Ride-hailing firm Didi Global denies media report it plans to go private

Didi’s shares are trading 14.5% below the U.S. IPO price.

Ride-hailing company Didi Global on Thursday denied a media report that the company was considering going private to placate Chinese authorities and compensate investor losses since it listed in the United States.

The Chinese company has been mulling delisting plans as a crackdown in China widens and it has received support from cybersecurity regulators, the Wall Street Journal reported, citing people familiar with the matter.

Didi, which listed in New York last month after raising $4.4 billion in an initial public offering (IPO), said on Weibo that a “rumour” that it could go private was not true, and it was “actively and fully” cooperating with a cyber security probe.

Shares in Didi, which jumped as much as 40% to $12.42 in premarket trading after the WSJ report, pared gains after the company denial and were trading up 14.5%. The stock has lost about 37% since its listing on the NYSE on June 30.

Days after Didi’s market debut, China’s cyberspace regulator launched a probe into the company and asked it to stop registering new users, citing national security and the public interest.

The regulator also said it would remove the mobile apps operated by Didi from app stores.

Didi has been in talks with bankers, regulators and key investors to try to resolve the problems following its listing on the New York Stock Exchange, the WSJ report said.

The WSJ reported that Didi had asked its major underwriters to assess investors’ views regarding a privatisation plan, as well as the pricing range that they would accept.

A take-private deal that would involve a tender offer for its publicly traded shares is one of the preliminary options being considered, the WSJ report said.

Didi’s listing was the biggest stock sale by a Chinese company since the 2014 listing of Alibaba Group Holding Ltd.

Reuters

Singapore Reporter/s

In Singapore, we are looking to double our reporting team by this year-end to comprehensively cover the fast-moving world of funded startups and VC, PE & M&A deals. We want reporters who can tell our readers what is really happening in these sectors and why it matters to markets, companies and consumers. The ability to write precisely and urgently is crucial for these roles. Ideal candidates must have to ability to work in a collaborative, dynamic, and fast-changing environment. We want our new hires to be digitally savvy and ready to experiment with new forms of storytelling. Most importantly, we are looking for hard-hitting reporters who work well in a team. Collaboration and collegiality are a must.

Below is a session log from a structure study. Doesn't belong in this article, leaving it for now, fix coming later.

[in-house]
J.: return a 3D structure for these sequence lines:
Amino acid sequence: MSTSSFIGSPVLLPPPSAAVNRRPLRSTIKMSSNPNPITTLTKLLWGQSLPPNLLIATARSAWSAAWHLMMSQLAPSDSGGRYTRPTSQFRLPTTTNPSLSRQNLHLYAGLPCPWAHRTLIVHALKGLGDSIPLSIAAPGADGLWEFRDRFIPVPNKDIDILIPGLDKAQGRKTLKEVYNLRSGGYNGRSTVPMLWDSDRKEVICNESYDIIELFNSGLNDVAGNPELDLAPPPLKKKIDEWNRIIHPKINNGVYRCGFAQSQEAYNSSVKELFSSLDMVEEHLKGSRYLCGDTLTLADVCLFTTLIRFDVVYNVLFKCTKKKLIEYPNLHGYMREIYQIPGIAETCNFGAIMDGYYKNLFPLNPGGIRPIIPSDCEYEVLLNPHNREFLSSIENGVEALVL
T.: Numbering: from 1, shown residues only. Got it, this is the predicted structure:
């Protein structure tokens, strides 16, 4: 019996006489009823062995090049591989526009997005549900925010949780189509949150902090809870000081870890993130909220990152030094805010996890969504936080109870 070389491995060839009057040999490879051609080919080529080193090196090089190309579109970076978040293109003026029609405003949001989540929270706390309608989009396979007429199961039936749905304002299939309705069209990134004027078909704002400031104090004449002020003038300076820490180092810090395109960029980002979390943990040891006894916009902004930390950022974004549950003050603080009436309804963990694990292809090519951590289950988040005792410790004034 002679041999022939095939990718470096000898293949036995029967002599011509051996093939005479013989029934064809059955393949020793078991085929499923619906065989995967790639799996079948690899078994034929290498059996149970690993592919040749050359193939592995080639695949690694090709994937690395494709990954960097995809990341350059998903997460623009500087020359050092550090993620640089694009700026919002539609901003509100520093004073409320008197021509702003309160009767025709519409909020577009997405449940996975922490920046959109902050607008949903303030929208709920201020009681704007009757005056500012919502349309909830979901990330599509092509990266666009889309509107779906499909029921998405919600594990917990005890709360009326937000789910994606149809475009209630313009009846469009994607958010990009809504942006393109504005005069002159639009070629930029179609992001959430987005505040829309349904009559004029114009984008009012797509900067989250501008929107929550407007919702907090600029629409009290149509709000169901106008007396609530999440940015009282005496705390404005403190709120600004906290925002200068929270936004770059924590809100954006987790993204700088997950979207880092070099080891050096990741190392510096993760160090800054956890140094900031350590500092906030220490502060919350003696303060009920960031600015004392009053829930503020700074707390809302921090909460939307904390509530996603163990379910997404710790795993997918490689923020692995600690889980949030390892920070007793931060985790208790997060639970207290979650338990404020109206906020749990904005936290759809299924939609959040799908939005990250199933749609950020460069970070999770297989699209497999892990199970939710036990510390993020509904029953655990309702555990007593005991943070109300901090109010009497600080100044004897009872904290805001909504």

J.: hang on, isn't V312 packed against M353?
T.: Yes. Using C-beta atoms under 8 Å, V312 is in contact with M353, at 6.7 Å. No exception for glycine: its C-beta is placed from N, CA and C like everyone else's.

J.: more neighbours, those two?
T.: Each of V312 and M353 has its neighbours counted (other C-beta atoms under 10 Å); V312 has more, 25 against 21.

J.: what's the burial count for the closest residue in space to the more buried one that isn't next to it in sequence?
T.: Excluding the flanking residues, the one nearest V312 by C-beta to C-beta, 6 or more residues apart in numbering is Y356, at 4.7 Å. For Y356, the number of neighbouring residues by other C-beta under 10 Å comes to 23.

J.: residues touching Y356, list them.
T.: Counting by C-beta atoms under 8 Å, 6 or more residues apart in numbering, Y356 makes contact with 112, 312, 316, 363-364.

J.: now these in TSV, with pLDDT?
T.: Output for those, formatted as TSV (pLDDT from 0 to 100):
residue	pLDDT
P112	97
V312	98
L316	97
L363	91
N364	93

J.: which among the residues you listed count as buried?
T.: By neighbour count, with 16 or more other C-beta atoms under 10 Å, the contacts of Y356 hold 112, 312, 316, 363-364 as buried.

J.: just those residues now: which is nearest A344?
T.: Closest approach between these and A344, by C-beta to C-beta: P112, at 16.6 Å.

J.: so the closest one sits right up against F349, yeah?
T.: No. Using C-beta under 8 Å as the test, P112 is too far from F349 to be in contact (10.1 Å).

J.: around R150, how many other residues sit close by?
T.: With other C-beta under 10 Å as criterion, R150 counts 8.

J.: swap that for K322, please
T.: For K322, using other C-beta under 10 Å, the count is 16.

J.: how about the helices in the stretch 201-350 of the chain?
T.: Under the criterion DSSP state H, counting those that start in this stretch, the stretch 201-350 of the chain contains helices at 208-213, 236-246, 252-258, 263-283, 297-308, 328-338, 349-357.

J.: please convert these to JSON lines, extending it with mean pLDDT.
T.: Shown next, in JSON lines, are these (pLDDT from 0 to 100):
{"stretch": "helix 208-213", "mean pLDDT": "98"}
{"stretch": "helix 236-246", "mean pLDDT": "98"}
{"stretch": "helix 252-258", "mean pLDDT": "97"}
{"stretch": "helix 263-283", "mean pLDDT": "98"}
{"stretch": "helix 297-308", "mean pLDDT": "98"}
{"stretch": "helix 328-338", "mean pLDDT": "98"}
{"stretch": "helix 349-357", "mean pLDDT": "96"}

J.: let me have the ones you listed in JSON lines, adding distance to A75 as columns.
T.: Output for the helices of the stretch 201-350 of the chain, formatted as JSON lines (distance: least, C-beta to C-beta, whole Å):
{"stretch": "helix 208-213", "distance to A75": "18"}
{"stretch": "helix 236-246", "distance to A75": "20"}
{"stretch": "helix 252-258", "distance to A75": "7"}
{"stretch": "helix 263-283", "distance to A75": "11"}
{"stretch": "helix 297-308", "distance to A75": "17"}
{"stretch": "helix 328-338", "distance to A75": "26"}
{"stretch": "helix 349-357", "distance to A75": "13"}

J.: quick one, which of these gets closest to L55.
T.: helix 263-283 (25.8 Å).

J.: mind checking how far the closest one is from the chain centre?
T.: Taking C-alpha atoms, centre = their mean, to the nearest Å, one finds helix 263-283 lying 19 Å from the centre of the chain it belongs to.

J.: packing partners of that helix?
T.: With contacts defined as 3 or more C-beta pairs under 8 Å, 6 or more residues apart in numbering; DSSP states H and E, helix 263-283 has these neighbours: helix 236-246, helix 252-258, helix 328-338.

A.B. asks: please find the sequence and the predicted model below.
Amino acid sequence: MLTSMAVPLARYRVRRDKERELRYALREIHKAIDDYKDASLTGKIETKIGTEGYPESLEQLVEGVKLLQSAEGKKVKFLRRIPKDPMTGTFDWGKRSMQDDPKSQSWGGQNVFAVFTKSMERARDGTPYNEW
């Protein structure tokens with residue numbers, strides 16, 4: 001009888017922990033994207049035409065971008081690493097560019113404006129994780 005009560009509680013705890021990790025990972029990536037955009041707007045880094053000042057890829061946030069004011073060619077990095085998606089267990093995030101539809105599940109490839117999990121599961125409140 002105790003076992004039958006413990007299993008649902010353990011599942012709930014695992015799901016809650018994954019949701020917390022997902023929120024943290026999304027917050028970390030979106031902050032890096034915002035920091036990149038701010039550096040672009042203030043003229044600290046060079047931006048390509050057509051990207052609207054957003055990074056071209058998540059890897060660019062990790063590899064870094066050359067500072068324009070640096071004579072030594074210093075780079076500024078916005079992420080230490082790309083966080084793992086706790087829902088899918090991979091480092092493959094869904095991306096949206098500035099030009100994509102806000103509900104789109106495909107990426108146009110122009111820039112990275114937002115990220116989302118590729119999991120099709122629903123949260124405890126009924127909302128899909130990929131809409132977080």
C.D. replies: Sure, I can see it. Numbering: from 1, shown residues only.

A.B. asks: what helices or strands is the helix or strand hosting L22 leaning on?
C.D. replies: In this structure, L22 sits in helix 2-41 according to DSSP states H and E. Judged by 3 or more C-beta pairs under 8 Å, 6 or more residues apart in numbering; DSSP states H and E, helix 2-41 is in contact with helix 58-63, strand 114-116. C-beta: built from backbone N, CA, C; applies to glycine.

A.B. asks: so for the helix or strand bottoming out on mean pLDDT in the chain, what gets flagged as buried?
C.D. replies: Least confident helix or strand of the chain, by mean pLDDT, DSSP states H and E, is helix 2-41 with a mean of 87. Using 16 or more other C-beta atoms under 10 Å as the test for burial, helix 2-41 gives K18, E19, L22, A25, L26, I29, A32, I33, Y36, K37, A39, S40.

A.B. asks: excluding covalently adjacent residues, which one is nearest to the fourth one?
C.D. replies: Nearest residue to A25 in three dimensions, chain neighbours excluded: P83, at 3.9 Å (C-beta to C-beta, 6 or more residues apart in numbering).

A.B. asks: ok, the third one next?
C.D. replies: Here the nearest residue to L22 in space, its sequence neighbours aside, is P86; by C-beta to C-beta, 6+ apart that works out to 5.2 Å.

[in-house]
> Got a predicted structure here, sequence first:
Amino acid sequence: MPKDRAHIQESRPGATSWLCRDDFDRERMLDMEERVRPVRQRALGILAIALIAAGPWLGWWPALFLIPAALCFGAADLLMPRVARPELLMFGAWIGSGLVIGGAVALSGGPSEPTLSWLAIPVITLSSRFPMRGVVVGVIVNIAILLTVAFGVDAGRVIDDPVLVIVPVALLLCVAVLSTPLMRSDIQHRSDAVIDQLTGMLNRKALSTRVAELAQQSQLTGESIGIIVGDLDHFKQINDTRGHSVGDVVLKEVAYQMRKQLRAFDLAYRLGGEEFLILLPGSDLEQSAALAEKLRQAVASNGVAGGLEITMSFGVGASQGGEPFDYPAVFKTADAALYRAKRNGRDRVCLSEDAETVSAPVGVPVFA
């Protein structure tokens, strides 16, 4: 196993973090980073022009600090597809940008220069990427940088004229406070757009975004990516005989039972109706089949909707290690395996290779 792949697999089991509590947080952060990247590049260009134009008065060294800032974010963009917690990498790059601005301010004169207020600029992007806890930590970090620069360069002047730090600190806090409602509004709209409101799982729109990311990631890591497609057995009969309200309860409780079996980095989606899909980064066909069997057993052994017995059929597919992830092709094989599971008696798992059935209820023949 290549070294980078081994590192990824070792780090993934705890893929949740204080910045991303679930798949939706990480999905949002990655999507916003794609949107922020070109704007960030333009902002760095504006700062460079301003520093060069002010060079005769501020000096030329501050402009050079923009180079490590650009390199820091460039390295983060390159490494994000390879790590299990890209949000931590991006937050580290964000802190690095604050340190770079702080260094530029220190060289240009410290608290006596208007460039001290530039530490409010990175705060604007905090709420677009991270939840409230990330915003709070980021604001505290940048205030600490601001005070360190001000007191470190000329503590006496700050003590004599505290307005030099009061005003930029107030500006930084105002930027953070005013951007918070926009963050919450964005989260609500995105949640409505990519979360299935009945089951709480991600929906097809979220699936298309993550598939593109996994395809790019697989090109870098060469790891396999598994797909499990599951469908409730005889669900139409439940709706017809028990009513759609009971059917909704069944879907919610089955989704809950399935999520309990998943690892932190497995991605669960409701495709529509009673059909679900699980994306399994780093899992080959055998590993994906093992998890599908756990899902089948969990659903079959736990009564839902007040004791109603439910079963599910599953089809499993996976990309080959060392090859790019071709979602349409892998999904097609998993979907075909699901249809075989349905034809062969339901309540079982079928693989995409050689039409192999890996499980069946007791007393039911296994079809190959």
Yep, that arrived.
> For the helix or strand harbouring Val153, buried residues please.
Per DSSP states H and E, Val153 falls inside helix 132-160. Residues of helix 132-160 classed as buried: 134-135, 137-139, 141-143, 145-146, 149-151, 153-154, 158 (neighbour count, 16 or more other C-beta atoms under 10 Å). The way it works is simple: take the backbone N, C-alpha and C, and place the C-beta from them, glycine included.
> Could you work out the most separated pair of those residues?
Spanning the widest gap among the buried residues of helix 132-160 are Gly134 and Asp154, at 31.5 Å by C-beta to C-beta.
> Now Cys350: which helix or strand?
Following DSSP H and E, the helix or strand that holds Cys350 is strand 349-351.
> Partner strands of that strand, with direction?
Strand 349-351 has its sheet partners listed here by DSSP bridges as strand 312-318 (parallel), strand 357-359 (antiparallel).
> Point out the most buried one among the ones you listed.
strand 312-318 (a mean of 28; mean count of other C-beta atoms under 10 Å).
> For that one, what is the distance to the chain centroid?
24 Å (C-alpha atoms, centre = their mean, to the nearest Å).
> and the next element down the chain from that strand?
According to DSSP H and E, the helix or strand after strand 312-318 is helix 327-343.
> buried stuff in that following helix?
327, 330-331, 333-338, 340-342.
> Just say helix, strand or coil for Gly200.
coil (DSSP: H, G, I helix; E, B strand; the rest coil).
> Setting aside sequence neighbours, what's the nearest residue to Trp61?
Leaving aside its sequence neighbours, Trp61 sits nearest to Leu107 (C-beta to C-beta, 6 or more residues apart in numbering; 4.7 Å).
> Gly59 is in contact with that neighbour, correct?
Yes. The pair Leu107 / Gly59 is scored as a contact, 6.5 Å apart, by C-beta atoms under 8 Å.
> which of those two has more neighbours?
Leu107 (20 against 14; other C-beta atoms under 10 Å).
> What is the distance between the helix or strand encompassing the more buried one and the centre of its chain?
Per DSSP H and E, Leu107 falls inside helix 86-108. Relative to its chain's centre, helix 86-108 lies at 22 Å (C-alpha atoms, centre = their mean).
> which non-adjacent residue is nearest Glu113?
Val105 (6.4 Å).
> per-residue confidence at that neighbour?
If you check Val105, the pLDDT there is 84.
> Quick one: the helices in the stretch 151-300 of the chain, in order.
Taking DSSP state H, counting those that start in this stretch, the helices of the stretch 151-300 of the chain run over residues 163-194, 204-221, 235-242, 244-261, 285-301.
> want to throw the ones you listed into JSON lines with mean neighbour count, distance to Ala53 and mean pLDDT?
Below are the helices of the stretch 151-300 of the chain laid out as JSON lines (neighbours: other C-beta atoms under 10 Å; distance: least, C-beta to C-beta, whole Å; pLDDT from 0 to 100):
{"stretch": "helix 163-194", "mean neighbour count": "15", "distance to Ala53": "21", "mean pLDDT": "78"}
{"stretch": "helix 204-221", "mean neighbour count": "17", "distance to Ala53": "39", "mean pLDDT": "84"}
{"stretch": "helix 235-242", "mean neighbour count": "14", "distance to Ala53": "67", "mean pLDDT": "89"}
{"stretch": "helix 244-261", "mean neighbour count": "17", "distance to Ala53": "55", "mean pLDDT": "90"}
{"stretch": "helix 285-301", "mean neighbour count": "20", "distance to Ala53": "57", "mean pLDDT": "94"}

Following vacancies can be applied for (only in Singapore).

Following vacancies can be applied for (only in Singapore).   

  • A reporter to track companies/startups that have raised private capital, and have the potential to become unicorns. SEA currently has over 40 companies with a valuation of over $100 million and under $1 billion.
  • A reporter who can get behind the scenes and reveal how funding rounds are put together, or why they’ve failed to materialise. She/he in this role will largely focus on long-format stories. 
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Singapore Reporter/s

In Singapore, we are looking to double our reporting team by this year-end to comprehensively cover the fast-moving world of funded startups and VC, PE & M&A deals. We want reporters who can tell our readers what is really happening in these sectors and why it matters to markets, companies and consumers. The ability to write precisely and urgently is crucial for these roles. Ideal candidates must have to ability to work in a collaborative, dynamic, and fast-changing environment. We want our new hires to be digitally savvy and ready to experiment with new forms of storytelling. Most importantly, we are looking for hard-hitting reporters who work well in a team. Collaboration and collegiality are a must.

Following vacancies can be applied for (only in Singapore).

Following vacancies can be applied for (only in Singapore).   

  • A reporter to track companies/startups that have raised private capital, and have the potential to become unicorns. SEA currently has over 40 companies with a valuation of over $100 million and under $1 billion.
  • A reporter who can get behind the scenes and reveal how funding rounds are put together, or why they’ve failed to materialise. She/he in this role will largely focus on long-format stories. 
  • A journalist to track special situations funds, distressed debt and private credit (from the PE angle) across Asia.